Will Thrall Peak from Buckhorn Campground
- Location: Buckhorn Campground, Angeles National Forest. From I-210 in La Canada, take the Angeles Crest Highway (Highway 2) northeast for 34.5 miles to the turnout for the Buckhorn Campground (not the day use area just before it.) When the campground is open for the season, drive into the campground and follow the signs for day use/the Burkhart Trail. Park where available in the day use area. If the gate is closed or there is no parking available in the day use area, you can park outside the gate, adding a total of 1.6 miles and 300 feet of elevation gain. A National Forest Service Adventure Pass ($5 for a day or $30 for the year) is required for parking. Click here to purchase.
- Agency: Angeles National Forest/Santa Clarita and Mojave Rivers Ranger District
- Distance: 11.2 miles
- Elevation gain: 3,300 feet
- Suggested time: 6 hours
- Difficulty rating: R (Elevation gain, distance, steepness, terrain, altitude)
- Best season: May – November
- Dogs: Allowed, assuming they are used to long hikes; also be aware that rocky terrain may be rough on their paws
- Cell phone reception: None for first five miles; weak from Burkhart Saddle to the summit
- Restrooms: Vault toilets at trail head
- Water: Several creeks may be flowing year round, providing water that can be filtered
- Camping/backpacking: At Buckhorn Campground. Dispersed camping may also be an option; there are several spots on the route that would work, including Burkhart Saddle.
- Recommended gear: sun hat hiking poles sun block
- Recommended guidebook: Day Hiking Los Angeles
- More information: Trip descriptions here, here and here
- Rating: 9
This strenuous and very scenic hike not only explores some of the best high country of the Angeles National Forest but it visits one of the more isolated summits in the San Gabriels. Will Thrall Peak (elevation 7,848) isn’t exactly a secret among L.A. hikers but it doesn’t get nearly the attention of Mt. Baldy or Mt. Baden-Powell. Hikers who are up for the challenge – including a very steep climb from the saddle to the summit and almost 1,000 feet of elevation gain required on the return route – won’t want to miss this adventure. The formidable distance and elevation gain will probably be plenty for most hikers, but those with even more energy can add side trips to Cooper Canyon Falls, Buckhorn Falls and Pallett Mountain.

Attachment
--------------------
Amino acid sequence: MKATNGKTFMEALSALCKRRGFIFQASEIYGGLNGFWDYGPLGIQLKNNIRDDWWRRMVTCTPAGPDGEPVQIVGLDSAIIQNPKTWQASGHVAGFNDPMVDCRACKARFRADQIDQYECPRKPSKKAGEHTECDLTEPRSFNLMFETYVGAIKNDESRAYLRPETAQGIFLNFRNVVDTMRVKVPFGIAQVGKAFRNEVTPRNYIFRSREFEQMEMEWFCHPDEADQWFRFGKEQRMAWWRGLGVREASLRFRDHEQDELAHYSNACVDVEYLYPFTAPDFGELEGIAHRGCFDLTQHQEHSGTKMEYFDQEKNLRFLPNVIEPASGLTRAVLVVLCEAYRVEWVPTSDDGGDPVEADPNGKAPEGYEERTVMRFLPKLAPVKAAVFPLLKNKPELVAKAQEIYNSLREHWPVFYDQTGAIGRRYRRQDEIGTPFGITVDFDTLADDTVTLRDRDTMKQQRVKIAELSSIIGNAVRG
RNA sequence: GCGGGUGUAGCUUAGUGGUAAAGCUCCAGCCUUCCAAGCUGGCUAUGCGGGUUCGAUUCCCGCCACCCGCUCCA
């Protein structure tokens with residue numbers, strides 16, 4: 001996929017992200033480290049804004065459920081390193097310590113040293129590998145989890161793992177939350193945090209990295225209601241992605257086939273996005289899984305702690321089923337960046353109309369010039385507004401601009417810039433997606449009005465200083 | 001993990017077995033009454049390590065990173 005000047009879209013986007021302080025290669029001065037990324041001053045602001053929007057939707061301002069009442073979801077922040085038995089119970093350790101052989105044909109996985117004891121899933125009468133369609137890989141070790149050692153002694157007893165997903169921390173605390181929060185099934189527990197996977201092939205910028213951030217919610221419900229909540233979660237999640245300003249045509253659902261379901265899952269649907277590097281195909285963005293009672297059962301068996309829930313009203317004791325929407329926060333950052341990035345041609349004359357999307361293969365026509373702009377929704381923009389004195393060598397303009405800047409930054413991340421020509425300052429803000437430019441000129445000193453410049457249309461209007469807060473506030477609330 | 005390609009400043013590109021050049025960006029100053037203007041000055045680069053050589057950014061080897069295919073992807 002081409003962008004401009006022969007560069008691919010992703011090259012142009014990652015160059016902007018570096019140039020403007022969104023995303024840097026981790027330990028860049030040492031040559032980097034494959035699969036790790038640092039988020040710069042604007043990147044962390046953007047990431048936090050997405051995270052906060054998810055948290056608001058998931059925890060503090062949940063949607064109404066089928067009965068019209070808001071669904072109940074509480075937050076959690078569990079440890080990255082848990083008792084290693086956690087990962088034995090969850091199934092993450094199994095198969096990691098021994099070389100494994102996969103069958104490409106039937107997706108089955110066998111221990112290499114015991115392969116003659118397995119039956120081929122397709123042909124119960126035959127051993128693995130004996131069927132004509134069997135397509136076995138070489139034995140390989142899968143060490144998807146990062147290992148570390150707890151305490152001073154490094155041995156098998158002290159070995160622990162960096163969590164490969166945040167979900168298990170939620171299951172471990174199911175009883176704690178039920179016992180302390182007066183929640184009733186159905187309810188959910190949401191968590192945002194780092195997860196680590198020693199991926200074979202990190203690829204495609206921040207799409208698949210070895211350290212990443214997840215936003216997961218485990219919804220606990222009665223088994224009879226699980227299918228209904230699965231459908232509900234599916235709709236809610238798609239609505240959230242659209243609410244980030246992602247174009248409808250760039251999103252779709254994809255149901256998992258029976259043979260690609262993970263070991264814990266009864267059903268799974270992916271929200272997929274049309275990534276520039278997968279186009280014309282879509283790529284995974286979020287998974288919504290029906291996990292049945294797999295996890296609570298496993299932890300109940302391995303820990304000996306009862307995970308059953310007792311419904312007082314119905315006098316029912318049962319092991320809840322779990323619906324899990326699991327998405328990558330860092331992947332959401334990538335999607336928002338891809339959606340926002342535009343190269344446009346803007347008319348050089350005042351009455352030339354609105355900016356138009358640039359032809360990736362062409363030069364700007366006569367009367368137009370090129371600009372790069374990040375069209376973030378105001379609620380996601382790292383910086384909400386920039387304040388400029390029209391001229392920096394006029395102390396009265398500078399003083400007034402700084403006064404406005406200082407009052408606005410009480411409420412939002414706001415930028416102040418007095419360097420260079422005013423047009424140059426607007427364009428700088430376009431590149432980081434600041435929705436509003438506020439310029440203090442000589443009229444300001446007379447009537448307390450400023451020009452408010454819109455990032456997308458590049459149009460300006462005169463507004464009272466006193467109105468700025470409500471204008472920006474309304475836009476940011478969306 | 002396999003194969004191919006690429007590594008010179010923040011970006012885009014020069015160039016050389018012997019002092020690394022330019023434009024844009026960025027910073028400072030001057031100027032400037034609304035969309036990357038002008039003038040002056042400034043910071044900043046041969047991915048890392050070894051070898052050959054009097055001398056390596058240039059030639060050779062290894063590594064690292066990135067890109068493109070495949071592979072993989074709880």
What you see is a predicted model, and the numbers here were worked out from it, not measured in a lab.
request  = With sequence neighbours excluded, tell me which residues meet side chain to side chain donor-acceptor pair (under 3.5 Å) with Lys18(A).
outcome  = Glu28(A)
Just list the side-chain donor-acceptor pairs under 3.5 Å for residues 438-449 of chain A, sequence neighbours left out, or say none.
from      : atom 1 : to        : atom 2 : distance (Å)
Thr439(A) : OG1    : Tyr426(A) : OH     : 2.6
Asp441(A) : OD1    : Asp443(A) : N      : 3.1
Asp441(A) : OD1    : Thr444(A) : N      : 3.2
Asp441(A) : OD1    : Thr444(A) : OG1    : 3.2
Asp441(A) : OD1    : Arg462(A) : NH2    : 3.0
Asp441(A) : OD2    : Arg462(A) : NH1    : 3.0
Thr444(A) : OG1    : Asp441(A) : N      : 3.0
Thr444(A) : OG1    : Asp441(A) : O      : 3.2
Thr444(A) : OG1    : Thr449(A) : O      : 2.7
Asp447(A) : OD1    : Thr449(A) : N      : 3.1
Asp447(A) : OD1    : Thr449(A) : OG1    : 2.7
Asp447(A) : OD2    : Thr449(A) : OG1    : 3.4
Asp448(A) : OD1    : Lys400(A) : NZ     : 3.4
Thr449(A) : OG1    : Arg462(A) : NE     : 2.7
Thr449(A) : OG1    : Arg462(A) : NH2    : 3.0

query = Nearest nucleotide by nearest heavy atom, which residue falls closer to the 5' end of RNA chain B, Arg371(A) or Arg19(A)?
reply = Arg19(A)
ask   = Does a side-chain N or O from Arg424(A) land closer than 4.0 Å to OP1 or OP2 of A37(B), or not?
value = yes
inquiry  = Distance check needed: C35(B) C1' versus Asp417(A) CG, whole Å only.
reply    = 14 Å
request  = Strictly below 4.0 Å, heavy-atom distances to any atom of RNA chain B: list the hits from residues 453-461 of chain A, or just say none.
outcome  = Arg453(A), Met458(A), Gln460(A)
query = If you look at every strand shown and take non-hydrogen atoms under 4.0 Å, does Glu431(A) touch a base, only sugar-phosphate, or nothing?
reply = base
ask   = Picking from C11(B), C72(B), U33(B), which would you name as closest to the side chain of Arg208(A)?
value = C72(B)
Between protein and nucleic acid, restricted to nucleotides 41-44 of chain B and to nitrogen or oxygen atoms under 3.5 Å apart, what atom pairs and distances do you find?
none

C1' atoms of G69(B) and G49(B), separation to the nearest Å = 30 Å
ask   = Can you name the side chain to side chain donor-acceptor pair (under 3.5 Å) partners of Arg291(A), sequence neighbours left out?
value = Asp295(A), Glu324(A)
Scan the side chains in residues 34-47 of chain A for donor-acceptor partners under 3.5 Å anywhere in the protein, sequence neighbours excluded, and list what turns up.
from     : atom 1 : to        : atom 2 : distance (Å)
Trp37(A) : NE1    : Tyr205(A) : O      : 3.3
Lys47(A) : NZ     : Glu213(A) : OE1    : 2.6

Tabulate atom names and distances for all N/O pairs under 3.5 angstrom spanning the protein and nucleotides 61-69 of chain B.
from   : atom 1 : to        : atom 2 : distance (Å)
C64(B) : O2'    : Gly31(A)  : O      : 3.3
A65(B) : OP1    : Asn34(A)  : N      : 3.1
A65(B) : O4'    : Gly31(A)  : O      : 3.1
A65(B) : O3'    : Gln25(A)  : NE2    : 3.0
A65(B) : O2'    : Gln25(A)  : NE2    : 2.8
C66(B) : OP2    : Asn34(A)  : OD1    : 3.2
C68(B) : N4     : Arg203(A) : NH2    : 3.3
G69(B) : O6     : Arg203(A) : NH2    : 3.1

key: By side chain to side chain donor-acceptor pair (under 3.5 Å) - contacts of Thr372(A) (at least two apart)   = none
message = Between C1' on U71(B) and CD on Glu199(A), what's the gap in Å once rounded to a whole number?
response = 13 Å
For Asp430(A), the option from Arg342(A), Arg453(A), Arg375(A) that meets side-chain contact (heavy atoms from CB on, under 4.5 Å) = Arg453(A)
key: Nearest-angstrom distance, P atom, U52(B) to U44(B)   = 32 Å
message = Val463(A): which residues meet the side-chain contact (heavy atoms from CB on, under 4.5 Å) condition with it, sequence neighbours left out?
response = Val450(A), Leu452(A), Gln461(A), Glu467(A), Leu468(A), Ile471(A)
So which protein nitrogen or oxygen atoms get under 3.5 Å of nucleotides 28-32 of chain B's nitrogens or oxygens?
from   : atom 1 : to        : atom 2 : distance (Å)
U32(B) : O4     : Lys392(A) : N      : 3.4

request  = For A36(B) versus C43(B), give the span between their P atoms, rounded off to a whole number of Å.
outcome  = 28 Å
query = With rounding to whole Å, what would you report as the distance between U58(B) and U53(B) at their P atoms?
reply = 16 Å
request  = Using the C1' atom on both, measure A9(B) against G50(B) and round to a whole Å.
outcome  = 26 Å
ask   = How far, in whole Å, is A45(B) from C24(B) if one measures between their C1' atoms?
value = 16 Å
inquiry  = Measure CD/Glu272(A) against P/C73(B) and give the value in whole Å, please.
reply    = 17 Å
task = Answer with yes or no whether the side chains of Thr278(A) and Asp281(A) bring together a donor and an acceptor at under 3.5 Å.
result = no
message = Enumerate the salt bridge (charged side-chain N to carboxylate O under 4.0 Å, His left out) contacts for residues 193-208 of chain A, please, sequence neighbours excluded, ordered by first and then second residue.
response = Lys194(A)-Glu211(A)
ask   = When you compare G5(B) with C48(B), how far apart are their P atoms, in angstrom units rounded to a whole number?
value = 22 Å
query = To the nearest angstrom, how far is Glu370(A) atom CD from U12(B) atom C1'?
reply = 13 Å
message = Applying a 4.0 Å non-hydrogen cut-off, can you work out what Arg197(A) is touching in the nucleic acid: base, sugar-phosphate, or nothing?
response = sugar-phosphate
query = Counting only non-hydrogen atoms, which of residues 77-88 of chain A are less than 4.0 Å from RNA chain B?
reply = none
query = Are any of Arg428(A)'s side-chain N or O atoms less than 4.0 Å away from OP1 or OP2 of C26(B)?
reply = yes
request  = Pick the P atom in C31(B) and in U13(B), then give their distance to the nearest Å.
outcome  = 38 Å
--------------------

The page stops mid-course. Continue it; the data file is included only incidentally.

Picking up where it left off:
Begin with an attractive descent through cedars and pines along the Burkhart Trail, catching occasional glimpses of the high desert peaks ahead. Just past the one mile marker, the trail makes a sharp right turn and enters the dense shade of Cooper Canyon. You cross Buckhorn Creek (a scramble up this creek brings you to Buckhorn Falls) and merge with the Pacific Crest Trail at 1.3 miles. Continue east, soon passing over the top of Cooper Canyon Falls and a steep use trail leading down to it. After crossing Little Rock Creek (1.7 miles) the P.C.T. branches off to the right. This section (known as the Rattlesnake Trail) of the P.C.T. has been closed since 2005 to protect the endangered yellow leg frog and has since fallen into disrepair.
The Burkhart Trail continues north, leaving the wooded canyon and climbing along exposed, rocky slopes. The vegetation reflects the merging of high desert and mountain climates with yucca, black oaks and pines. The trail is in good condition, except for a few fallen trees and a washed-out section just after the 3 mile marker that will require some caution. After negotiating this stretch the trail drops down to cross a tributary of Little Rock Creek and then resumes the steady ascent, arriving at Burkhart Saddle five miles from the start, between Pallett Mountain (east) and Will Thrall Peak (west). Enjoy a view of the high desert to the north and the Angeles National Forest to the south before beginning the difficult ascent.
Find an unmarked but fairly easy to follow use trail. After a particularly brutal climb, gaining about 650 feet in 0.4 mile, you are given a reprieve when the trail reaches a ridge on Will Thrall Peak’s east shoulder. Another short climb brings you to the summit. Here, you can reap your rewards with a nearly 360-degree view (blocked only by a slightly taller, unnamed summit to the northwest) of the high desert, Pleasant View Ridge, Mt. Waterman, Winston Peak and more. On days when the marine layer cuts down on visibility, seeing the taller peaks poking through it underscores the remoteness of this spot. A small monument honors Will Thrall (1873-1963), a local writer who was a strong advocate for hiking and the San Gabriel Mountains.
Text and photography copyright 2017 by David W. Lockeretz, all rights reserved. Information and opinions provided are kept current to the best of the author’s ability. All readers hike at their own risk, and should be aware of the possible dangers of hiking, walking and other outdoor activities. By reading this, you agree not to hold the author or publisher of the content on this web site responsible for any injuries or inconveniences that may result from hiking on this trail. Check the informational links provided for up to date trail condition information.